Mexico City’s pollution solution: Vía Verde Vertical Gardens3 min read

Mexico City’s pollution solution: Vía Verde Vertical Gardens3 min read

There is a ring road that crosses several areas of the Federal District of Mexico City for about 60 kilometers. Its name is “El periferico de Ciudad de Mexico”. A fast-moving road of vehicles made of concrete and monotonous gray pylons positioned at regular spatial intervals that support a highway overpass.

But something new is happening in one of the most polluted cities in the world where six out of ten citizens suffer from respiratory problems and where there are only 5.3 square meters of greenery per inhabitant compared to the nine that the World Health Organization (WHO) considers the minimum to achieve an acceptable quality of life.

Architecture and sustainability

Turning Mexico City’s grey to green

The Mexican capital has covered a thousand pylons of highways with shrubs, completing them with an irrigation system that recycles rainwater through an integrated and monitored system, as well as remote-controlled via GSM. The plant species used are high strength, low water consumption, and suitable for the harsh environmental conditions of those places.

Image credits: Change.org

The idea for “Vía Verde” emerged in 2016 with a Change.org petition to gauge public support.

The actor Luis Gerardo Méndez and the architect Fernando Ortiz Monasterio of the Studio “Verde vertical” created it together with an interdisciplinary Mexican laboratory that specialized in the design, installation, and maintenance of vertical gardens. They convince the administration of the metropolis, after having collected the support of 80,000 people thanks to the platform specializing in online petitions.

Vía Verde is 100% sustainable project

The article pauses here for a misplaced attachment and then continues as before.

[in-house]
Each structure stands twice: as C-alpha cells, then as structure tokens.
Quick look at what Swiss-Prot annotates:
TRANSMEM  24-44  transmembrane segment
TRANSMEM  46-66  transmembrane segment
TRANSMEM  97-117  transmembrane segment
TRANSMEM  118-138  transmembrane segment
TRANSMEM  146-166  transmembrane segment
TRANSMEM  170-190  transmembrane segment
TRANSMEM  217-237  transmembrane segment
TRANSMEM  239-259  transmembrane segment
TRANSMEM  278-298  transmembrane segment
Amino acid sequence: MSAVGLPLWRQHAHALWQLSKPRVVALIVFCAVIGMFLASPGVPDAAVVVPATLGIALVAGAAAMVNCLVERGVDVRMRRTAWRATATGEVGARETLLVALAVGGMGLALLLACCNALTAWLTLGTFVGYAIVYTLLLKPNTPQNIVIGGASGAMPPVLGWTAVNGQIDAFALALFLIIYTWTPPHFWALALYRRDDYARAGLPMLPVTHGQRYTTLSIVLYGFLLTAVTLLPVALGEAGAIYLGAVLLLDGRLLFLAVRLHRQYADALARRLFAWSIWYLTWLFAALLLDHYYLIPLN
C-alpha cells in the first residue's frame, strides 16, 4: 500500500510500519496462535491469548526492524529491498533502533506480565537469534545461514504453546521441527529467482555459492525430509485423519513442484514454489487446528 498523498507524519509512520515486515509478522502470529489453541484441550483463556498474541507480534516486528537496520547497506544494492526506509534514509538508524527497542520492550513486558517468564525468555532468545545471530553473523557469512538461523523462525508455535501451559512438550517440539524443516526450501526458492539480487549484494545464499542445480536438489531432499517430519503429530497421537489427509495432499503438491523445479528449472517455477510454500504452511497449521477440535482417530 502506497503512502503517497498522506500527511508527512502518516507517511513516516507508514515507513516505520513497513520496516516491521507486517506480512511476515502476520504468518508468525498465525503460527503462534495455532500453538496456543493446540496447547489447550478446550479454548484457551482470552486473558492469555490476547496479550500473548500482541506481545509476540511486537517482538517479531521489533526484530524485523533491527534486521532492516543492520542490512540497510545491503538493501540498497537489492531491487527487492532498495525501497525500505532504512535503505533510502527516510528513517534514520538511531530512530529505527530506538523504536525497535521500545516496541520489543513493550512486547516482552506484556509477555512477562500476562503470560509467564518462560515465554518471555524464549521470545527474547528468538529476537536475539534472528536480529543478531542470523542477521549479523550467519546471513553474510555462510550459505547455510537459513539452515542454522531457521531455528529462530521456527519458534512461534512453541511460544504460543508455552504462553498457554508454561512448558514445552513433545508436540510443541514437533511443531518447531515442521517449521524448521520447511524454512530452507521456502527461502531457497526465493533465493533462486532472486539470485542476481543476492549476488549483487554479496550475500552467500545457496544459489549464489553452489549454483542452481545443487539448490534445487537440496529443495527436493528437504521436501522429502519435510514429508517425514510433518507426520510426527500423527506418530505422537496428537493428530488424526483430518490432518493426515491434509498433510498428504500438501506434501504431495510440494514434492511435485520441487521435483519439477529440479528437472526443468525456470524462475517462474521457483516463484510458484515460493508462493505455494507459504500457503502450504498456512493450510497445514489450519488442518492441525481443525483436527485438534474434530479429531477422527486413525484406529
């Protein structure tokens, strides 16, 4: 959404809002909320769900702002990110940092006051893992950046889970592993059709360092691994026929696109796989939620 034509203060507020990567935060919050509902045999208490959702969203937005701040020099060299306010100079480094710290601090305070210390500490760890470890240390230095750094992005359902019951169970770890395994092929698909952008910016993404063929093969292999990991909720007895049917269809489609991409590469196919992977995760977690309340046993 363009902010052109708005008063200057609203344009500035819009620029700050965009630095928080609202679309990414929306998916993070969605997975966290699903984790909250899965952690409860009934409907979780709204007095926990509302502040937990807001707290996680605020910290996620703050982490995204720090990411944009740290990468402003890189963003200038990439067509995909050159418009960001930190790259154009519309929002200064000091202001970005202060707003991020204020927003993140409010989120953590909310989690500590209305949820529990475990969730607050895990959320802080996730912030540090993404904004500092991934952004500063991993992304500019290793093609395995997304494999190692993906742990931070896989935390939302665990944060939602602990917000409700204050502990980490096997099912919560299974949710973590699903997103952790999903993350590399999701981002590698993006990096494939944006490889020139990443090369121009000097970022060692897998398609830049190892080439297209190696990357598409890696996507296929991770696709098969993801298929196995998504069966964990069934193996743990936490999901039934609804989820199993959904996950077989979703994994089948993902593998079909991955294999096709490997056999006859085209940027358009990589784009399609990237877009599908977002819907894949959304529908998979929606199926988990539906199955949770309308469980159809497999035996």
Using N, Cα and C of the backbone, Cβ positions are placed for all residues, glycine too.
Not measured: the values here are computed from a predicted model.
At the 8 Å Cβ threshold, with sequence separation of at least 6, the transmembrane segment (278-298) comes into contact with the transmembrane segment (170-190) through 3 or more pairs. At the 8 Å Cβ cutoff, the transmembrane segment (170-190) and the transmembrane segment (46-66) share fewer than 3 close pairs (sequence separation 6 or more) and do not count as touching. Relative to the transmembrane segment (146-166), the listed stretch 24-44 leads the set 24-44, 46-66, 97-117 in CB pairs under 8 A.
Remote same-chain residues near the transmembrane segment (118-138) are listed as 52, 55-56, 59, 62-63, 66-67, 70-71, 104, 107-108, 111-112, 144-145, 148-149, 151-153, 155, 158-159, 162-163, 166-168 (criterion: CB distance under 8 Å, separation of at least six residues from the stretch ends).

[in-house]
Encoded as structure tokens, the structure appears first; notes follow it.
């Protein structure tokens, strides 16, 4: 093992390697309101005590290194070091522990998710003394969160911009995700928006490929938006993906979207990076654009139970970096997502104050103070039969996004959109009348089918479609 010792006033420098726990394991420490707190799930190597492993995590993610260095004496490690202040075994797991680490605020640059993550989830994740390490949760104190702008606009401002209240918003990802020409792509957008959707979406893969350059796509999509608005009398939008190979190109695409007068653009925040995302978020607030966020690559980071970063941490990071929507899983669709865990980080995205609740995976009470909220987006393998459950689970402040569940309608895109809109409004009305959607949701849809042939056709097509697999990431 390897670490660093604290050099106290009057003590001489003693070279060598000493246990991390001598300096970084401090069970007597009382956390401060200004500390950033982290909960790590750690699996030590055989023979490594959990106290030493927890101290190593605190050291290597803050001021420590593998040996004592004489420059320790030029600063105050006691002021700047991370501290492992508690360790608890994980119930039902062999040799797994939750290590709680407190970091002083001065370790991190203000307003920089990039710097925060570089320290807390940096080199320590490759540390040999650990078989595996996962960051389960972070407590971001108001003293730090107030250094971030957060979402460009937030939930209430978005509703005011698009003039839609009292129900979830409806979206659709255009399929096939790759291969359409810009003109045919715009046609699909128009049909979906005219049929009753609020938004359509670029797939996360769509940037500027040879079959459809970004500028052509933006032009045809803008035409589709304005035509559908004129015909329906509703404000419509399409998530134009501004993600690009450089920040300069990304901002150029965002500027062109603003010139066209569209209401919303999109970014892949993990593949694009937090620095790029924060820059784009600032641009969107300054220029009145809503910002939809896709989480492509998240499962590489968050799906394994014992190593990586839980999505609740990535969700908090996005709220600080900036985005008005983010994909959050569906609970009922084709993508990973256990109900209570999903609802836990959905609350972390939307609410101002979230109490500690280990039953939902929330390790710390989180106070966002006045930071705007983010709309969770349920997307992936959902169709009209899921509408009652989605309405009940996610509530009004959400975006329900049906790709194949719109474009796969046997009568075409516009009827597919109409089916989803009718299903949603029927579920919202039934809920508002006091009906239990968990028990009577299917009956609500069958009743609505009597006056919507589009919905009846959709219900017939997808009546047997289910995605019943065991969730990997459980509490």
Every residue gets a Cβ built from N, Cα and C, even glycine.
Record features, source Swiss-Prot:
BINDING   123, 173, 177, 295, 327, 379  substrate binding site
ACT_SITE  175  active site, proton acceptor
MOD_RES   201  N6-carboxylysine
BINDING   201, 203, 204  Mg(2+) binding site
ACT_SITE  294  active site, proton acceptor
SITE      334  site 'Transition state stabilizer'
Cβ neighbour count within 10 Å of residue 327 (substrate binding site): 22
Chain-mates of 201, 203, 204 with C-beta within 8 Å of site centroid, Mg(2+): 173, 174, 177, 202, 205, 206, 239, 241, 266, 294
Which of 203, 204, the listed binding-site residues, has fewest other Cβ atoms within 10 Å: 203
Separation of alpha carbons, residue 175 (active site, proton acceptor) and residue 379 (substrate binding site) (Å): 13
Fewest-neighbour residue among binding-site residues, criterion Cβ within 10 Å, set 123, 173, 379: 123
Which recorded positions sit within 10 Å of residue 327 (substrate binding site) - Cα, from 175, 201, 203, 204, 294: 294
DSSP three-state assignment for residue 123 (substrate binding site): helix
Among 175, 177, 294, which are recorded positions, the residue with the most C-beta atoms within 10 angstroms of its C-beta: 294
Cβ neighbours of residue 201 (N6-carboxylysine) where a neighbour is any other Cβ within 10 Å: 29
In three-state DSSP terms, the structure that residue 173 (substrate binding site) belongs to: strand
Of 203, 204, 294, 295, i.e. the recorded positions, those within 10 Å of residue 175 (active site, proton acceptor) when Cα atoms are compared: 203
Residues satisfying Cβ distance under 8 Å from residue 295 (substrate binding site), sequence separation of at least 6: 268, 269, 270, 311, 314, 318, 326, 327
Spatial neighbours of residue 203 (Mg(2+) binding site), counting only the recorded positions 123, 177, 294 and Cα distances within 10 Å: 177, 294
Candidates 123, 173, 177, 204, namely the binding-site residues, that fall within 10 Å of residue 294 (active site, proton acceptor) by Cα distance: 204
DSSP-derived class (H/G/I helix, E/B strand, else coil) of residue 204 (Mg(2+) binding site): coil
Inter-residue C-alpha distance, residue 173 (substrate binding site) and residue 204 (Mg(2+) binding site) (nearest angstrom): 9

In addition to the beneficial effects listed so far, there is another very important one. In fact, “Vía Verde” uses recycled plastic. Fernando Ortiz Monasterio and his team have cleverly developed a technological system that allows plants to grow, rather than in the earth, inside a specific felt, composed of recycled plastic bottles. This material allows the development of plant species because it has the same density as the soil.

In addition to sustainability, an enabling factor for Fernando Ortiz Monasterio’s program was the idea of ​​being able to reduce citizens’ stress.

While these plants are able to absorb a significant amount of carbon and particles from the capital’s polluted atmosphere, their purpose is mostly aesthetic. Ortiz Monasterio himself has admitted that 1,000 vertical gardens can only put a mere dent in the megalopolis’s carbon output. The classic “a drop in the bucket”.

Moreover, there is no shortage of (mild) controversies. As a matter of fact, a small group of activists argues that the government’s support indicates a cynical greenwashing and the willingness to double-down on car culture in a city that is already choked with traffic and smog. “Vía Verde” would be simply a more pleasant cityscape for the drivers passing through there every day.







Source: Change.org
Featured image by admknowdns from Pixabay


Giuseppe Perrone

Author and initiator of TwentyNow. ESG Manager in a tech unicorn after a 10 year experience in a big4 consulting firm. Travel lover, (former) basketball player, (current) outdoor basketball fighter. I love also mountain biking and running. I had the idea of creating TwentyNow to bring out the latest ESG trends and sustainability initiatives on a global scale, implemented by companies or bring forward by individuals.
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